Numerous regions across the globe are baking under oppressive heat waves that are once again breaking records, with the most notable of these events occurring in the north, a troubling indicator of rampant global warming as the high latitudes warm faster than equatorial regions.
The US Pacific Northwest has seen an exceptionally strong heat wave over the past few weeks, with Idaho, Oregon and Washington bearing the brunt of the heat and setting new temperature records: Lewiston, ID, hit a high of 48°C (119°F) on June 29, edging out the state’s all-time record for June; Portland’s thermometers hit 47°C (116°F) on the same day, handily beating its own July 1965 record of 42°C (107°F); Seattle recorded three consecutive days of temperatures over 100°F (38°C)—doubling the number of times temperatures above 100°F were recorded since 1894—with the city’s suburb of Maple Valley hitting 48°C (118°F) on the 27th.
But while old heat records fell by the wayside in the US, matters were worse in Canada and Russia, a troubling indicator of rampant global warming as the high latitudes warm faster than regions closer to the equator. Western Canada saw unprecedented temperatures bake away long-standing heat records that have resulted in the deaths of hundreds of people in British Columbia, with the village of Lytton breaking Canada’s all-time heat record for three days in a row. On June 29 temperatures peaked at 49.6°C (121.3°F), topping Lytton’s two record-breakers of 46.6°C (115.9°F) on June 27 and 47.9°C (118.2°F) on June 28; the town was evacuated the following day as a wildfire, one of many across the province, swept toward the village.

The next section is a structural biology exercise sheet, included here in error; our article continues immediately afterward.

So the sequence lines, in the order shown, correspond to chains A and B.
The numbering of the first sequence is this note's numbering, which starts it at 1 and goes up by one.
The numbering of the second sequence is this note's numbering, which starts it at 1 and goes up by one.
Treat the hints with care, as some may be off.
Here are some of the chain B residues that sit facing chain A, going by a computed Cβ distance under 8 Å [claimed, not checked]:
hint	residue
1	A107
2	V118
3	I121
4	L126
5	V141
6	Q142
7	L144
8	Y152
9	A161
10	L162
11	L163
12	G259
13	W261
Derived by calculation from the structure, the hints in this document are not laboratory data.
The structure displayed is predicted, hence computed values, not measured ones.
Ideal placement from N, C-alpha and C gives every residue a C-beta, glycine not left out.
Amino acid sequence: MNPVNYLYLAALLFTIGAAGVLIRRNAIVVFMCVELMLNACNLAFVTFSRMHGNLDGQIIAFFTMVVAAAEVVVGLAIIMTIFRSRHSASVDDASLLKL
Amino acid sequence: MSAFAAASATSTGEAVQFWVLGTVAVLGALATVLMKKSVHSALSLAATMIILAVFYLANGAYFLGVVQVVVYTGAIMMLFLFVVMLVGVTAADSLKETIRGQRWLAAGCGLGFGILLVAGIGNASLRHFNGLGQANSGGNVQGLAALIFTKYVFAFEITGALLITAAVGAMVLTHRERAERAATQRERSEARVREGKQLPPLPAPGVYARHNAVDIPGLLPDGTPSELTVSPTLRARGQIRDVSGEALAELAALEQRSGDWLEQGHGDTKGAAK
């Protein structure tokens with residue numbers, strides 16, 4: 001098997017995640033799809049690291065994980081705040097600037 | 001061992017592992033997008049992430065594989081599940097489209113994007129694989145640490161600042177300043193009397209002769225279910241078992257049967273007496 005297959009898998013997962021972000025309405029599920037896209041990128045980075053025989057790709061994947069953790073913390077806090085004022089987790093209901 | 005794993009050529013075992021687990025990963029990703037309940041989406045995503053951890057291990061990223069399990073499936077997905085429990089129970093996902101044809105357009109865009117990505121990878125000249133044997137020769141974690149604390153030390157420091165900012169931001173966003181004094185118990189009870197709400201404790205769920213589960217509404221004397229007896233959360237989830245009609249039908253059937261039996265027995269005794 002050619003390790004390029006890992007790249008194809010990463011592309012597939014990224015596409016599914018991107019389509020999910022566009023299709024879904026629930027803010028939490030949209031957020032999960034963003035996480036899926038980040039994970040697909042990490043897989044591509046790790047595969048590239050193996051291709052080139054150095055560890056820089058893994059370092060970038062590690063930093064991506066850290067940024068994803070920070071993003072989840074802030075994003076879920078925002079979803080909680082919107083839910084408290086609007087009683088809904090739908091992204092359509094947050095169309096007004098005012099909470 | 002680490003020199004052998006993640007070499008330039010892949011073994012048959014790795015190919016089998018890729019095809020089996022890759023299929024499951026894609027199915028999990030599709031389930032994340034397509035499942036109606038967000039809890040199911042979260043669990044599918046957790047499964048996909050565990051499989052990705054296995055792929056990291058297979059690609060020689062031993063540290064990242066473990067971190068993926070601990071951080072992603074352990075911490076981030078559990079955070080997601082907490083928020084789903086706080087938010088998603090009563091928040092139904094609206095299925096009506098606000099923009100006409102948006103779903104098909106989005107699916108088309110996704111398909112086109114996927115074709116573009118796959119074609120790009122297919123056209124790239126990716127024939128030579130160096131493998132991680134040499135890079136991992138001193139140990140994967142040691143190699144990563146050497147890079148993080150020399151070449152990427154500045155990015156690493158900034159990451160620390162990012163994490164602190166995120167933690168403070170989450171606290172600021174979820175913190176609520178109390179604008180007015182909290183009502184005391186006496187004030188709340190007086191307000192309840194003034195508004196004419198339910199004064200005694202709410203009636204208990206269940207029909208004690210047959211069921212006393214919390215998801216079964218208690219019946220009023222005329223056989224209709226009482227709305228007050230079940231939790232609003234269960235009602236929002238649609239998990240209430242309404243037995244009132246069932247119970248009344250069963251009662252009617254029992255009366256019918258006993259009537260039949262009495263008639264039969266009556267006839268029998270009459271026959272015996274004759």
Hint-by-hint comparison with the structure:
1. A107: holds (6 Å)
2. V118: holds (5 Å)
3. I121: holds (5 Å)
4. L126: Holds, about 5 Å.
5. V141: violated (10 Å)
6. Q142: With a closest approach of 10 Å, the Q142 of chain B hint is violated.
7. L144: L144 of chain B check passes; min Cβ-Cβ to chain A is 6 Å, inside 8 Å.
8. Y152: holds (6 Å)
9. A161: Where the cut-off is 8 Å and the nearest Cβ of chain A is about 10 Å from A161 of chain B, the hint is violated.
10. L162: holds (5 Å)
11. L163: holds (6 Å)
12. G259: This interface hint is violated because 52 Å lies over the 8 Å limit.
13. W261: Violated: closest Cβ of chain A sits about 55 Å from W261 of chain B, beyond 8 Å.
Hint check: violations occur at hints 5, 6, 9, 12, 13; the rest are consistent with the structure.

This record is remarkable for a number of reasons, not the least of which is having handily broken Canada’s 84-year-old record of 45°C (113°F) recorded in 1937, but also potentially having resulted in the deaths of nearly 500 people: on June 30 BC Coroners Service said in the five days between June 25 and 30 that they received at least 486 reports of deaths over the average amount typically seen; the province’s chief coroner Lisa Lapointe cautioned that that number was preliminary and expected to increase.
The Canadian record is also remarkable in that it is hotter than any temperature recorded in the Lower 48 states outside the Desert Southwest, with only four states having recorded a higher temperature, and now stands as the highest temperature ever recorded north of 45 degrees latitude. As an example, Lytton’s 49.6°C (121.3°F) is ahead of Las Vegas’s all-time high of 47°C (117°F), and falls only one degree Fahrenheit short of Phoenix’s all-time high of 50°C (122°F). Lytton’s heat also tied with what was recorded in Death Valley on June 30, a region notorious for lethal temperatures.
Siberia, typically considered one of the coldest places on the planet, is also experiencing heat waves across two regions, a repeat of conditions that plagued Arctic communities last year. Moscow recorded a peak of 34.8°C (94.6°F) on June 23, an all-time record for the month of June for the city. Further east, with the title of The Coldest Town on Earth, Oymyakon hit a high of 34.6°C (94.3°F) on June 28, a full 105.8°C (190.4°F) above the town’s typical winter low, and nearly 15°C (27°F) above its average June daily high of 20.0°C (68.0°F)—bear in mind that Oymyakon is north of the 63rd parallel, the same latitude as Anchorage, Alaska.
Ground temperatures were recorded hitting 48°C (118°F) in Eastern Siberia’s Verkhojansk by the European Space Agency’s Copernicus Sentinel satellites. Bear in mind that this was the land surface temperature, and not representative of how hot the air itself was on that day, of which still rose to an anomalous 30°C (86°F); while this is not a record for the region, it is notable that Verkhojansk is just north of the Arctic Circle.